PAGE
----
0.3%, or 192 samples, which supports FEHD's claim that the
vast majority of Hong Kong's food imports are safe.

WSJ and NYT on Product Safety
------------------------------

8. (SBU) The Wall Street Journal (WSJ) and New York Times
(NYT) reporters based in Hong Kong confirmed that
accountability within the supply/production chain is
difficult to guarantee for "Made in China" products exported
to the U.S. The WSJ reporter indicated that, "there exists
little incentive for local and provincial level enforcement
officials to find problems" in their processing industries.
However, once a problem is identified to Beijing, General
Administration of Quality Supervision, Inspection, and
Quarantine (AQSIQ) enforcement is quick and harsh, said the

HONG KONG 00002414 003 OF 004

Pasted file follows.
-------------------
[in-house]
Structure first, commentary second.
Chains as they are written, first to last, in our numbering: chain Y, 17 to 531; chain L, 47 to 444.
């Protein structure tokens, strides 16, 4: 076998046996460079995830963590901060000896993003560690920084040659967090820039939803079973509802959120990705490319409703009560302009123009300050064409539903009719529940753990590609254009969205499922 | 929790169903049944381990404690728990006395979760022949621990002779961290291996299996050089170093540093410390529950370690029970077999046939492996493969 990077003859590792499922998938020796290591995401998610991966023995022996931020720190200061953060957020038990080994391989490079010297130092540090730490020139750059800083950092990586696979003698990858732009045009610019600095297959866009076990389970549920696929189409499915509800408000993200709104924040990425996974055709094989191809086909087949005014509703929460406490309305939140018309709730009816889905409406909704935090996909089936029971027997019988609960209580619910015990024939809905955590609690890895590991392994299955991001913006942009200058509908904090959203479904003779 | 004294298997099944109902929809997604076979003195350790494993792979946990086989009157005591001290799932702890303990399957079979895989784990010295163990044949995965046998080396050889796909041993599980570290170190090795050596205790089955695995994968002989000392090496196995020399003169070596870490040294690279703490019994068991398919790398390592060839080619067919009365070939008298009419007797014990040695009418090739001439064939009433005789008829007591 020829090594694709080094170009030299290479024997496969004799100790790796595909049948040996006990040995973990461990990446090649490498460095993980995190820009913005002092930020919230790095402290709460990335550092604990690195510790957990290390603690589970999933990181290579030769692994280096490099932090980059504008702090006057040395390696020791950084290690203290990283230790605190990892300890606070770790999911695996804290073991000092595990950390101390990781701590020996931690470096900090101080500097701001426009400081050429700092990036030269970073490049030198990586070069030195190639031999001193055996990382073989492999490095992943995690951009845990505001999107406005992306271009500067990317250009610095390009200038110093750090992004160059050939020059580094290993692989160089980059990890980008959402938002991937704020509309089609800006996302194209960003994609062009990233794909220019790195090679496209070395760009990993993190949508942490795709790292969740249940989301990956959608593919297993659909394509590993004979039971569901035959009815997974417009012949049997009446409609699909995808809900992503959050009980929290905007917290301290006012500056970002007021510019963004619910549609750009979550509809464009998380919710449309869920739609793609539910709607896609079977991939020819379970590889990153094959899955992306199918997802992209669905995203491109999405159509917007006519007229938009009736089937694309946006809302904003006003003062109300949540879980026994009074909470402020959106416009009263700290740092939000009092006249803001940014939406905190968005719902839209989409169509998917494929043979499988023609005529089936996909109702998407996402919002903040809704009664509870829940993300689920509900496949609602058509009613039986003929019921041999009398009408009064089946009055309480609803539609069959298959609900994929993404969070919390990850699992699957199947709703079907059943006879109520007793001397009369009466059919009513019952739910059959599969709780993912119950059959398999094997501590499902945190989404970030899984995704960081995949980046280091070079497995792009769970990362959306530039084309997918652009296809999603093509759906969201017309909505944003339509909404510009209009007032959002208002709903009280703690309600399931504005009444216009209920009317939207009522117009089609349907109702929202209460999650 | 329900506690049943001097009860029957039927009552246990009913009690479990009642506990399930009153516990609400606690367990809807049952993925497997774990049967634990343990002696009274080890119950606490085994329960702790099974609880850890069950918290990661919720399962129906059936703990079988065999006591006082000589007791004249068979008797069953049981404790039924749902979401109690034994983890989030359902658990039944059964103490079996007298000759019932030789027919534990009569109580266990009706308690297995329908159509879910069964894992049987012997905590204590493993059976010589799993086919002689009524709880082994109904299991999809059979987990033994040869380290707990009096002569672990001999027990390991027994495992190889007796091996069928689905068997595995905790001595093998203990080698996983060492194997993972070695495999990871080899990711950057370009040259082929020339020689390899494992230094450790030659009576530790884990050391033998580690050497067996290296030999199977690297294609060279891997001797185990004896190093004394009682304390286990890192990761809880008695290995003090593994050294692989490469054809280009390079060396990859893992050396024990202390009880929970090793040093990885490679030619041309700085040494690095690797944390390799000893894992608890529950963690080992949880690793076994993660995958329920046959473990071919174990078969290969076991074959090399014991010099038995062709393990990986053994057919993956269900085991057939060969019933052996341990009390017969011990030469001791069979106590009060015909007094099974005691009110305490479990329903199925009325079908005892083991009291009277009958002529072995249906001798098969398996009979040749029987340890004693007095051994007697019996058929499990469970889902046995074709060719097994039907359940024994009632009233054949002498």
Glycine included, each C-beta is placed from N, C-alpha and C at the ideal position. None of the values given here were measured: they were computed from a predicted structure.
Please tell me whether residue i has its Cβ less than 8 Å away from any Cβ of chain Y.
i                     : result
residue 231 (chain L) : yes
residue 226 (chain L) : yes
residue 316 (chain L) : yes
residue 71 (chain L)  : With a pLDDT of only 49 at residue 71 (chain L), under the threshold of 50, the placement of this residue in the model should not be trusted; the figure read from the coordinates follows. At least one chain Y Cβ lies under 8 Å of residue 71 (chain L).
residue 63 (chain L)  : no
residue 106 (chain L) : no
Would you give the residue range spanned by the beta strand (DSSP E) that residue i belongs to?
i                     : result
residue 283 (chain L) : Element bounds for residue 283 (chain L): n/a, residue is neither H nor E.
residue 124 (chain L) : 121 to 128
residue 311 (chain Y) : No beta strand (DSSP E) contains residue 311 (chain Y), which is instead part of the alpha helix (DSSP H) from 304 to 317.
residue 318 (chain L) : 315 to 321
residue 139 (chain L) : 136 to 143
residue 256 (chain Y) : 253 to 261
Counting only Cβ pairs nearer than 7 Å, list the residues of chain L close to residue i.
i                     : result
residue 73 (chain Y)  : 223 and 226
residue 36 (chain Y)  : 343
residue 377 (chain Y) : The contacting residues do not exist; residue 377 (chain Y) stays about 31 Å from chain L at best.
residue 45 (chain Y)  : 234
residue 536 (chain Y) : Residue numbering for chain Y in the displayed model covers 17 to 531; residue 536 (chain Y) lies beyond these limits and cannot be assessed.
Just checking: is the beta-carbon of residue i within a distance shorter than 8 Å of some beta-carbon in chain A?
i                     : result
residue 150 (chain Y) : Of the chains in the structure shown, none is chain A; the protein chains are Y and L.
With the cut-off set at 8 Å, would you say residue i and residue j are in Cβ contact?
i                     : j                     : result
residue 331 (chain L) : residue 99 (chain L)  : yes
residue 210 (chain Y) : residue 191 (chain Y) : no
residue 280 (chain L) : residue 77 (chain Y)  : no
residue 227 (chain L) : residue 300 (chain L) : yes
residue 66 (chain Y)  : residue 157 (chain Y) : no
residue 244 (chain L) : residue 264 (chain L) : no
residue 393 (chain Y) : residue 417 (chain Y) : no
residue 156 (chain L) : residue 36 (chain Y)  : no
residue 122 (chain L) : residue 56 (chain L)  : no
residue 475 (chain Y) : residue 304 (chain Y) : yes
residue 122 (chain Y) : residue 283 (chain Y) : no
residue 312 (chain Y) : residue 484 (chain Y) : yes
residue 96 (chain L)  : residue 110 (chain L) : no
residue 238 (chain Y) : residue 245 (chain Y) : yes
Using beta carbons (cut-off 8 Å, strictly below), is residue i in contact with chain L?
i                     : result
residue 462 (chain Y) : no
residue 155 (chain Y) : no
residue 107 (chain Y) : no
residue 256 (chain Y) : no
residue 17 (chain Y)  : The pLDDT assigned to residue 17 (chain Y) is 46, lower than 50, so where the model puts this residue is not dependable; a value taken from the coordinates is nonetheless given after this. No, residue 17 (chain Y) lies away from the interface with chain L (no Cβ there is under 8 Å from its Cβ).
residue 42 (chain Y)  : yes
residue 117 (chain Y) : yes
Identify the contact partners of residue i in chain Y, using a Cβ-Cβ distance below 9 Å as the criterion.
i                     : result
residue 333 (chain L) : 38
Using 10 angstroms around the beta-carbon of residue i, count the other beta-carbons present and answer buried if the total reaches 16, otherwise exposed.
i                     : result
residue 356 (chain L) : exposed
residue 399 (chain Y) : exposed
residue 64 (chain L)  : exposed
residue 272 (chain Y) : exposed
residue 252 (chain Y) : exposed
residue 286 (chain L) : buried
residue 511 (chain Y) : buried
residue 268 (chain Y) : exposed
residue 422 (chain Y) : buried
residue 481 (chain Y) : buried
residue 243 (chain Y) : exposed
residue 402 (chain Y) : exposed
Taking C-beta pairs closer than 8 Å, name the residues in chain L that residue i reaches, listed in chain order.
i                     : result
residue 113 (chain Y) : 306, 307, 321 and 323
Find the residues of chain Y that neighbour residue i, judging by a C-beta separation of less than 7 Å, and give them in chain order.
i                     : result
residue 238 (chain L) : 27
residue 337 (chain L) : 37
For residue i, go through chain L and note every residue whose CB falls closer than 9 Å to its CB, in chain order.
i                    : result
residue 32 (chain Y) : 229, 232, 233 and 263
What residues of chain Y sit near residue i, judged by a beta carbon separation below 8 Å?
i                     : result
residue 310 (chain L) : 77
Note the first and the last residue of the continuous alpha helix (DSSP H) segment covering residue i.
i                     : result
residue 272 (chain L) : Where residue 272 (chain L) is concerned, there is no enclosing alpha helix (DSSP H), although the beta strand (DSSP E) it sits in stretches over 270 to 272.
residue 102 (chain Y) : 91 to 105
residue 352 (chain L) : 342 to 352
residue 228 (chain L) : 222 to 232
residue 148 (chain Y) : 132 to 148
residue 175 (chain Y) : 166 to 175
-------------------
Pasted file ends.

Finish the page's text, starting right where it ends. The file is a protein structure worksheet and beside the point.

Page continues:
journalists. When asked about the ability of PRC Vice
Premier Wu Yi to lead the mainland's food supervision and
enforcement efforts, the reporters said that she was the
expected person to head such a campaign, given her history as
the "Iron Lady", but with the new Party Congress set to
convene in October, NYT said it was unclear whether she would
continue to carry the food safety mantle.

Macau Government on Product Safety
-----------------------------------

9. (SBU) Macau SAR imports 90 percent of its consumer
products from mainland China. Consumer product safety is
divided among four departments:
-Macau Civil and Municipal Affairs Bureau (IACM) handles
fresh food and livestock;
-Economic Services monitors processed foods and imported